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Ethernet frame types and the Ether Type field

Frames are the format of data packets on the wire.

There are several types of Ethernet frame:

  1. Original Ethernet Version I (no longer used)
  2. The Ethernet Version 2 or Ethernet II frame, the so-called DIX frame (named after DEC, Intel, and Xerox), this is the most common today, as it is often used directly by the Internet Protocol.
  3. Novell’s homegrown Variation of IEEE 802.3 (“raw 802.3 frame”) without LLC
  4. IEEE 802.2 LLC frame
  5. IEEE 802.2 LLC/SNAP frame

In addition, Ethernet frames may optionally contain a IEEE 802.1Q tag to identify what VLAN it belongs to and its IEEE 802.1p priority (quality of service). This doubles the potential number of frame types.

The different frame types have different formats and MTU values, but can coexist on the same physical medium.

The original Xerox Version 1 Ethernet had a 16 bit length field, although the maximum length of a packet was 1500 bytes. This length field was soon re-used in Xerox’s Version 2 Ethernet as a label field, with the convention that values between 0 and 1500 indicated the use of the original Ethernet format, but higher values indicated what became known as an Ether Type, and the use of the new frame format. This is now supported in the IEEE 802 protocols using the SNAP header.

Ether Type

Protocol

0×0800 IP Internet Protocol (IPv4)
0×0806 Address Resolution Protocol (ARP)
0×8035 Reverse Address Resolution Protocol (RARP)
0x809b AppleTalk (Ethertalk)
0x80f3 Appletalk Address Resolution Protocol (AARP)
0×8100 (identifies IEEE 802.1Q tag)
0×8137 Novell IPX (alt)
0×8138 Novell
0x86DD Internet Protocol, Version 6 (IPv6)
0×8847 MPLS unicast
0×8848 MPLS multicast
0×8863 PPPoE Discovery Stage
0×8864 PPPoE Session Stage

Type field (EtherType) for some common protocols

IEEE 802.2 defined the 16 bit field after the MAC addresses as a length field again. As Ethernet I framing is no longer used, this allows software to determine whether a frame is an Ethernet II frame or an IEEE 802.2 frame, allowing the coexistence of both standards on the same physical medium. All 802.2 frames have a logical link control (LLC) header. By examining this header, it is possible to determine whether it is followed by a SNAP (subnetwork access protocol) header. (Some protocols, particularly those designed for the OSI networking stack, operate directly on top of 802.2 LLC, which provides both datagram and connection-oriented network services.) The LLC header includes two additional eight-bit address fields (called service access points or SAPs in OSI terminology); when both source and destination SAP are set to the value 0xAA, the SNAP service is requested.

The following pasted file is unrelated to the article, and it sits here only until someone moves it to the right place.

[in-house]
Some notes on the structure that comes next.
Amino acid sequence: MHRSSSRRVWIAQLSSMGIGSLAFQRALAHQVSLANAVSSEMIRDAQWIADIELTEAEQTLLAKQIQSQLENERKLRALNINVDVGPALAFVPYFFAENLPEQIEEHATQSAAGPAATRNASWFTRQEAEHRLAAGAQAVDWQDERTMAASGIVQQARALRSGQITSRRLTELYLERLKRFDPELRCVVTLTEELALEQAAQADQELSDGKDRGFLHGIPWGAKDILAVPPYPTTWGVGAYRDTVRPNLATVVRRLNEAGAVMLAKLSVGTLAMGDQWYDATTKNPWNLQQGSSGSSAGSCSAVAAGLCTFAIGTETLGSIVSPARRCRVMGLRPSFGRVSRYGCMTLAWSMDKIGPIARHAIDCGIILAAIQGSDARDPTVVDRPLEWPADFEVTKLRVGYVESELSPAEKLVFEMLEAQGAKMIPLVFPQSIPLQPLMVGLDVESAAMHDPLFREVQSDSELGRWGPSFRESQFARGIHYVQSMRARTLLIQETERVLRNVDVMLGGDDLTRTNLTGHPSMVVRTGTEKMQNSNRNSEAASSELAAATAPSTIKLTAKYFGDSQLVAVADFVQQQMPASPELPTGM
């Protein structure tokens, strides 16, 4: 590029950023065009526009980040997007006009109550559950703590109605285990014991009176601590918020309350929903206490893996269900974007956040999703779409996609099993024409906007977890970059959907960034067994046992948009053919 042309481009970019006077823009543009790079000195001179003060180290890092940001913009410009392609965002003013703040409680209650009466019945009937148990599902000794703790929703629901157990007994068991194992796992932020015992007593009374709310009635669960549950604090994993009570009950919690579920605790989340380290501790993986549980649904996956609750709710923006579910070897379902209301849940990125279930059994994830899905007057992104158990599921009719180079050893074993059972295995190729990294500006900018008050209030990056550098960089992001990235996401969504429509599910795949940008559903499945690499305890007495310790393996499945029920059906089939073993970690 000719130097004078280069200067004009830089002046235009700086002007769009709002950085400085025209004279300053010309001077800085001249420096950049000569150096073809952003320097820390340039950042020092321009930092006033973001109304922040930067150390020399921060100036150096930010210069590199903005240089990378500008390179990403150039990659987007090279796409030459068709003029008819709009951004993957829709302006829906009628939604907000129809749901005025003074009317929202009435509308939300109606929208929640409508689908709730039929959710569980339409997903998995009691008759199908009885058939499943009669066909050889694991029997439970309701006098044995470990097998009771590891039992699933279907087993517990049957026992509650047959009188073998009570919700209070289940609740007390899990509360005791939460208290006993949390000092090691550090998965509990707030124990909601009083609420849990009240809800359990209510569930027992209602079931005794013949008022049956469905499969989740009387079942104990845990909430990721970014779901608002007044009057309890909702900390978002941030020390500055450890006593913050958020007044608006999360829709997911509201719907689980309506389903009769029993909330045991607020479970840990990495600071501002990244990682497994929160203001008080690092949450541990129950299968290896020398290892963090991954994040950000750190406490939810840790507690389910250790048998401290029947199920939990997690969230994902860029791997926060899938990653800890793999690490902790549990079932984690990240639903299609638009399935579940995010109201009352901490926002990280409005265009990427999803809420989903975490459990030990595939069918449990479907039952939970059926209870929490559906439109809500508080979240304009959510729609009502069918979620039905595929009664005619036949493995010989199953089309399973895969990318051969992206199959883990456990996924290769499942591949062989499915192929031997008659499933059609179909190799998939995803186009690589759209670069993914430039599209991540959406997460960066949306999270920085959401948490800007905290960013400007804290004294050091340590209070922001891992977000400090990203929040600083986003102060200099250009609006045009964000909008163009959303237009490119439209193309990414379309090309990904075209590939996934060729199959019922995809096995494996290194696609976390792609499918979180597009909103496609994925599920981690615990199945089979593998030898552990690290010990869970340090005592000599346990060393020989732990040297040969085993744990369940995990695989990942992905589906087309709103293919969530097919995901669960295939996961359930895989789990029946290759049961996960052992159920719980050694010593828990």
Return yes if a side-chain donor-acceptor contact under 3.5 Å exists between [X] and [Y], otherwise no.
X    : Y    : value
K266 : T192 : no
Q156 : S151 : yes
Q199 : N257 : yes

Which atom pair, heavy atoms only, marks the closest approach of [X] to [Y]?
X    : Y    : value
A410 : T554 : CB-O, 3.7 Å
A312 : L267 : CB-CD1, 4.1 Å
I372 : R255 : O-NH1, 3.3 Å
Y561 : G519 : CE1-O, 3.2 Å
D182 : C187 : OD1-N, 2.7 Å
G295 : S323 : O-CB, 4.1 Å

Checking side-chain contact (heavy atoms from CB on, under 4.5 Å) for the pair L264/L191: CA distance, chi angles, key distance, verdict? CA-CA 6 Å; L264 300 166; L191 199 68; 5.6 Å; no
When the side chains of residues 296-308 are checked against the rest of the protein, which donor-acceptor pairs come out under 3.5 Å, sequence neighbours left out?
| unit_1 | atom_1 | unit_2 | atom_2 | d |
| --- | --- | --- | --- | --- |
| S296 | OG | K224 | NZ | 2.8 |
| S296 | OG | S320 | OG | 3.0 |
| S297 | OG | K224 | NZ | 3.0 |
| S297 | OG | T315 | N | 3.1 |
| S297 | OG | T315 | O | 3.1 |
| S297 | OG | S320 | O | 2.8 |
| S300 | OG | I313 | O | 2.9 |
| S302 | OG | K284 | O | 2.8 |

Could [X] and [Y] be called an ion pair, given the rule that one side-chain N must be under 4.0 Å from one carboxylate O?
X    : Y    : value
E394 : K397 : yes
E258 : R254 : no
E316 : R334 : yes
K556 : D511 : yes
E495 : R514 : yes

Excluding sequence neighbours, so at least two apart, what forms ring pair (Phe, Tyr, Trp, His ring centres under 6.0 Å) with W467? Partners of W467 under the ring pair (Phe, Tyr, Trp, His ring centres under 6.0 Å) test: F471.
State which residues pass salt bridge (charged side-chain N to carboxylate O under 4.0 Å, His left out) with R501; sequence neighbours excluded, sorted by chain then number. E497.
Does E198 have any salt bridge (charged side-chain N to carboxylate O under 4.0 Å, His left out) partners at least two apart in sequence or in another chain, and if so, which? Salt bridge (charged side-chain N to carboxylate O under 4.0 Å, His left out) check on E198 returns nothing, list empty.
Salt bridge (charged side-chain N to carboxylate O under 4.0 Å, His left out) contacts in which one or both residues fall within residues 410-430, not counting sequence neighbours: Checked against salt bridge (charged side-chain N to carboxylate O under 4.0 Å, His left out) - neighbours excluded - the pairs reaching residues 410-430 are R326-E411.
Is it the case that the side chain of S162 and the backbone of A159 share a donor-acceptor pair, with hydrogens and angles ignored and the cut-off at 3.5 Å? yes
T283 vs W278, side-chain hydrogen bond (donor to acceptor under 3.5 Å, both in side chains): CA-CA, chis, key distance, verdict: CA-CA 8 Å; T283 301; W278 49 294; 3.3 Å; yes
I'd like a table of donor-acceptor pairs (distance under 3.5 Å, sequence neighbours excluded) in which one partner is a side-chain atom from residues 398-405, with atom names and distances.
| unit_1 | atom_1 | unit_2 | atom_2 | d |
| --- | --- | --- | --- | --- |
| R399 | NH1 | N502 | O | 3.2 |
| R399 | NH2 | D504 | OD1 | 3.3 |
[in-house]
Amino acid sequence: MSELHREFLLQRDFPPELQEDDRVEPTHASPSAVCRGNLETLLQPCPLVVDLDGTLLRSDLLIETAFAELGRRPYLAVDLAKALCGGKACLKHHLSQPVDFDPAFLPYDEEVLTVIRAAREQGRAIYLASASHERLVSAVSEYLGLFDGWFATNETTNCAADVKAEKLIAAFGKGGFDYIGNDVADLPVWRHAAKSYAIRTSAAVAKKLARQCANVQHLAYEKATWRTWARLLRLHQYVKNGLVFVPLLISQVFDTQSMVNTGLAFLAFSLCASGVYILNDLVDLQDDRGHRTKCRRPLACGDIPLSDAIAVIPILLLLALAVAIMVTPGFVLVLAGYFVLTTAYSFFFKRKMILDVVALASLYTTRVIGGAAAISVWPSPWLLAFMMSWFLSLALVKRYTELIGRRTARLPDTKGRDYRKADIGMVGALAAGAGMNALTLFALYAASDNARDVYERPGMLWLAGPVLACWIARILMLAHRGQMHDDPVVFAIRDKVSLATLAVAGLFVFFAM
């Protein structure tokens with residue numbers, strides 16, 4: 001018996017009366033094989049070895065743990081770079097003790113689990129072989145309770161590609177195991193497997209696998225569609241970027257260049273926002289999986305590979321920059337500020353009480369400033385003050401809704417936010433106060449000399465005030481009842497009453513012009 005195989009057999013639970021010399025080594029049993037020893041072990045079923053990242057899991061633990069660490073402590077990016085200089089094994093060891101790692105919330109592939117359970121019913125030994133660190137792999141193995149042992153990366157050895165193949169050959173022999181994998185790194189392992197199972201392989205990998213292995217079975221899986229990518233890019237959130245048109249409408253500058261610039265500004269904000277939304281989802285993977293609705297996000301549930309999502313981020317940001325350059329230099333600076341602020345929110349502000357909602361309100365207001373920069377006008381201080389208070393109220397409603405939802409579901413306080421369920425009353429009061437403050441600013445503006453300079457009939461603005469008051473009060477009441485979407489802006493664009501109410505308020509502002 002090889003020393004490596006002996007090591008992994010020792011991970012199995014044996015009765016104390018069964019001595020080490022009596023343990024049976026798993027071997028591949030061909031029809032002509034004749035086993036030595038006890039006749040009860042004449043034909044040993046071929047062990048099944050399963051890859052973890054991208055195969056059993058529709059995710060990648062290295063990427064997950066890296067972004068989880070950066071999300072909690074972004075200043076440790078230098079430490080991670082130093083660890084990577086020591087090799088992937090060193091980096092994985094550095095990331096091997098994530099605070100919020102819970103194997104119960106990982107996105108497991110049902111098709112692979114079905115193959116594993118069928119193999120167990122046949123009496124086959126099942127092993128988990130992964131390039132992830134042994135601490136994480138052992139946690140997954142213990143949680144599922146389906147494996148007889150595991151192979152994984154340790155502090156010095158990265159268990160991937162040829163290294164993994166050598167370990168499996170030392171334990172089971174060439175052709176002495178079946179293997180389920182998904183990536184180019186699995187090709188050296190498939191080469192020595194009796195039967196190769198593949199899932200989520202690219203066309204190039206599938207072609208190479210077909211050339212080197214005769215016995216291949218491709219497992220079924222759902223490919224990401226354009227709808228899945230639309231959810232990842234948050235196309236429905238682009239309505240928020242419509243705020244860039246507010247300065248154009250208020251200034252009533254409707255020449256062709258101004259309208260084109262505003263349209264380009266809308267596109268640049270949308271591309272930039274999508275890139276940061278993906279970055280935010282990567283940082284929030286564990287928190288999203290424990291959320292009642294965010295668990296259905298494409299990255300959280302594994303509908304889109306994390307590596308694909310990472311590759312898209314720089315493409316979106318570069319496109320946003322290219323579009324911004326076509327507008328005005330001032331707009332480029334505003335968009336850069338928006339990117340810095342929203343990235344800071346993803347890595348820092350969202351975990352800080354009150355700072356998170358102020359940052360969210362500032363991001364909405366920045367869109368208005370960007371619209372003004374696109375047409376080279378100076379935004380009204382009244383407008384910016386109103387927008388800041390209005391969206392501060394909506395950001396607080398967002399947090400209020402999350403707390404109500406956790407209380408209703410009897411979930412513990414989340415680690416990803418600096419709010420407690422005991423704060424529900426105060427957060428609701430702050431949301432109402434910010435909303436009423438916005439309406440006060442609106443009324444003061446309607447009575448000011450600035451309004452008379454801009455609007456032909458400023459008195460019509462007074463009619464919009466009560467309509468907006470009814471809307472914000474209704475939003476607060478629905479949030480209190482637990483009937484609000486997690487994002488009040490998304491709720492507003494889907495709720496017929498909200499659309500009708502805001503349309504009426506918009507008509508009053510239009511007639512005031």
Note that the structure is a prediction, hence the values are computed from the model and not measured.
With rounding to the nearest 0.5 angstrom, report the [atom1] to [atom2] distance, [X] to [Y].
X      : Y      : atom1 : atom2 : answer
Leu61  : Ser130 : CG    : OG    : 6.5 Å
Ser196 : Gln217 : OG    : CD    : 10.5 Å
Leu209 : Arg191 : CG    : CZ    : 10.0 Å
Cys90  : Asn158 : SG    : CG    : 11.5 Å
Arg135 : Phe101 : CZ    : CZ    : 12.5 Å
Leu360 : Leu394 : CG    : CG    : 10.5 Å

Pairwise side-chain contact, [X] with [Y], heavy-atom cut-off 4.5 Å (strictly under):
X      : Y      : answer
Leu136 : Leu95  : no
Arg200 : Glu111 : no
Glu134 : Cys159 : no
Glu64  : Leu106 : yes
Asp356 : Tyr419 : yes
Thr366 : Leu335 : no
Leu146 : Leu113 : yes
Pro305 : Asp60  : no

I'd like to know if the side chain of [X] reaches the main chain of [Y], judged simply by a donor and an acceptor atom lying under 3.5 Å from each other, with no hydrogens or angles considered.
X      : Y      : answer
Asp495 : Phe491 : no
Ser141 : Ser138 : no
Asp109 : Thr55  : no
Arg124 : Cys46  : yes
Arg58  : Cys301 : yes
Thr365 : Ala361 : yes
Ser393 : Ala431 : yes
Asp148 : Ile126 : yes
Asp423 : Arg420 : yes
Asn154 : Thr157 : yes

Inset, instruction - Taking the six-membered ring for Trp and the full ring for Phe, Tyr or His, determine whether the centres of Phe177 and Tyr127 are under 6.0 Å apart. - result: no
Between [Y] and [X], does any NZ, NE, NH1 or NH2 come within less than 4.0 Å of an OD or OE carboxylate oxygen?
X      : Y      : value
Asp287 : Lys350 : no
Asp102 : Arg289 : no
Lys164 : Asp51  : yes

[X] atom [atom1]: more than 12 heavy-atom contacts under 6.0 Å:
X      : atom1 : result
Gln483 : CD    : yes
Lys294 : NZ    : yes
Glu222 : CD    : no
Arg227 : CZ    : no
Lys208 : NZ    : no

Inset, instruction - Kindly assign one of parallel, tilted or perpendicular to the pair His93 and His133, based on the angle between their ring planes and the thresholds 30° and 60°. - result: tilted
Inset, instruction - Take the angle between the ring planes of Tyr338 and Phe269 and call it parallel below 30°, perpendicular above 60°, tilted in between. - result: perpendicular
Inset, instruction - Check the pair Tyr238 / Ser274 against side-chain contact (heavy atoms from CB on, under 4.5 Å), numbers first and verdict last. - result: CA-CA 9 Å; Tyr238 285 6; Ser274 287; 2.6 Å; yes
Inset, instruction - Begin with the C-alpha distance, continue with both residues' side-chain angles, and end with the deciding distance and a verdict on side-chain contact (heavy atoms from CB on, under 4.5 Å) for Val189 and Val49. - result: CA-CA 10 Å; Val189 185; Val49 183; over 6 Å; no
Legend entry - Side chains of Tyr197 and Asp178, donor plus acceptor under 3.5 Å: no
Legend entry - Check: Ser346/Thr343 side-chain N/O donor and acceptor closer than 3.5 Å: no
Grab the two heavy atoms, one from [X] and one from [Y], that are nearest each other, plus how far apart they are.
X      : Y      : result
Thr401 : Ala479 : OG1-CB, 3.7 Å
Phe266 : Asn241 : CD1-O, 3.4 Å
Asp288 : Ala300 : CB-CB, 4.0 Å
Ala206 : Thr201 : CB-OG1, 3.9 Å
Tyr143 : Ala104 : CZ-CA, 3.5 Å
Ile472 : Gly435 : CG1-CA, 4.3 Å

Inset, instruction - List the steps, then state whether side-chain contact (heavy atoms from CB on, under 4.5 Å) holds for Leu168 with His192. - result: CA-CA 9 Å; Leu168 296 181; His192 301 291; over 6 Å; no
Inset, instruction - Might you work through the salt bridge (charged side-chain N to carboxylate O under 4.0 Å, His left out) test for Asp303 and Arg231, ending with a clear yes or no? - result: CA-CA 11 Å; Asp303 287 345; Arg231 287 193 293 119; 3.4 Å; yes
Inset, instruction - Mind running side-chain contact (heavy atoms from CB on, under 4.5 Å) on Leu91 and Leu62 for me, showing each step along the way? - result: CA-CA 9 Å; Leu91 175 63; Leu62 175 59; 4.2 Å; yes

Novell’s “raw” 802.3 frame format was based on early IEEE 802.3 work. Novell used this as a starting point to create the first implementation of its own IPX Network Protocol over Ethernet. They did not use any LLC header but started the IPX packet directly after the length field. In principle this is not interoperable with the other later variants of 802.x Ethernet, but since IPX has always FF at the first byte (while LLC has not), this mostly coexists on the wire with other Ethernet implementations (with the notable exception of some early forms of DECnet which got confused by this).

Novell Netware used this frame type by default until the mid nineties, and since Netware was very widespread back then (while IP was not) at some point in time most of the world’s Ethernet traffic ran over “raw” 802.3 carrying IPX. Since Netware 4.10 Netware now defaults to IEEE 802.2 with LLC (Netware Frame Type Ethernet_802.2) when using IPX. There is a classic series of Usenet postings by Novell’s Don Provan that have found their way into numerous FAQ’s and are widely considered the definitive answer to the Novell Frame Type jungle.

Mac OS uses 802.2/SNAP framing for the AppleTalk protocol suite on Ethernet (“EtherTalk”) and Ethernet 2 framing for TCP/IP.

The 802.2 variants of Ethernet are not in widespread use on common networks currently, with the exception of large corporate Netware installations that have not yet migrated to Netware over IP. In the past, many corporate networks supported 802.2 Ethernet to support transparent translating bridges between Ethernet and IEEE 802.5 Token Ring or FDDI networks. The most common framing type used today is Ethernet Version 2, as it is used by most Internet Protocol-based networks, with its EtherType set to 0×0800.

There exists an Internet standard () for encapsulating IP version 4 traffic in IEEE 802.2 frames with LLC/SNAP headers. It is almost never implemented on Ethernet (although it is used on Token Ring and FDDI networks). IP traffic can not be encapsulated in IEEE 802.2 LLC frames without SNAP because, although there is an LLC protocol type for IP, there is no LLC protocol type for ARP. IP Version 6 over Ethernet is also standardized based on IEEE 802.2 with LLC/SNAP.

The IEEE 802.1Q tag, if present, is placed between the Source Address and the EtherType or Length fields. The first two bytes of the tag are the Tag Protocol Identifier (TPID) value of 0×8100. This is located in the same place as the EtherType/Length field in untagged frames, so an EtherType value of 0×8100 means the frame is tagged, and the true EtherType/Length is located after the tag. The TPID is followed by two bytes containing the Tag Control Information (TCI) (the IEEE 802.1p priority (quality of service) and VLAN id). The tag is followed by the rest of the frame, using one of the types described above.


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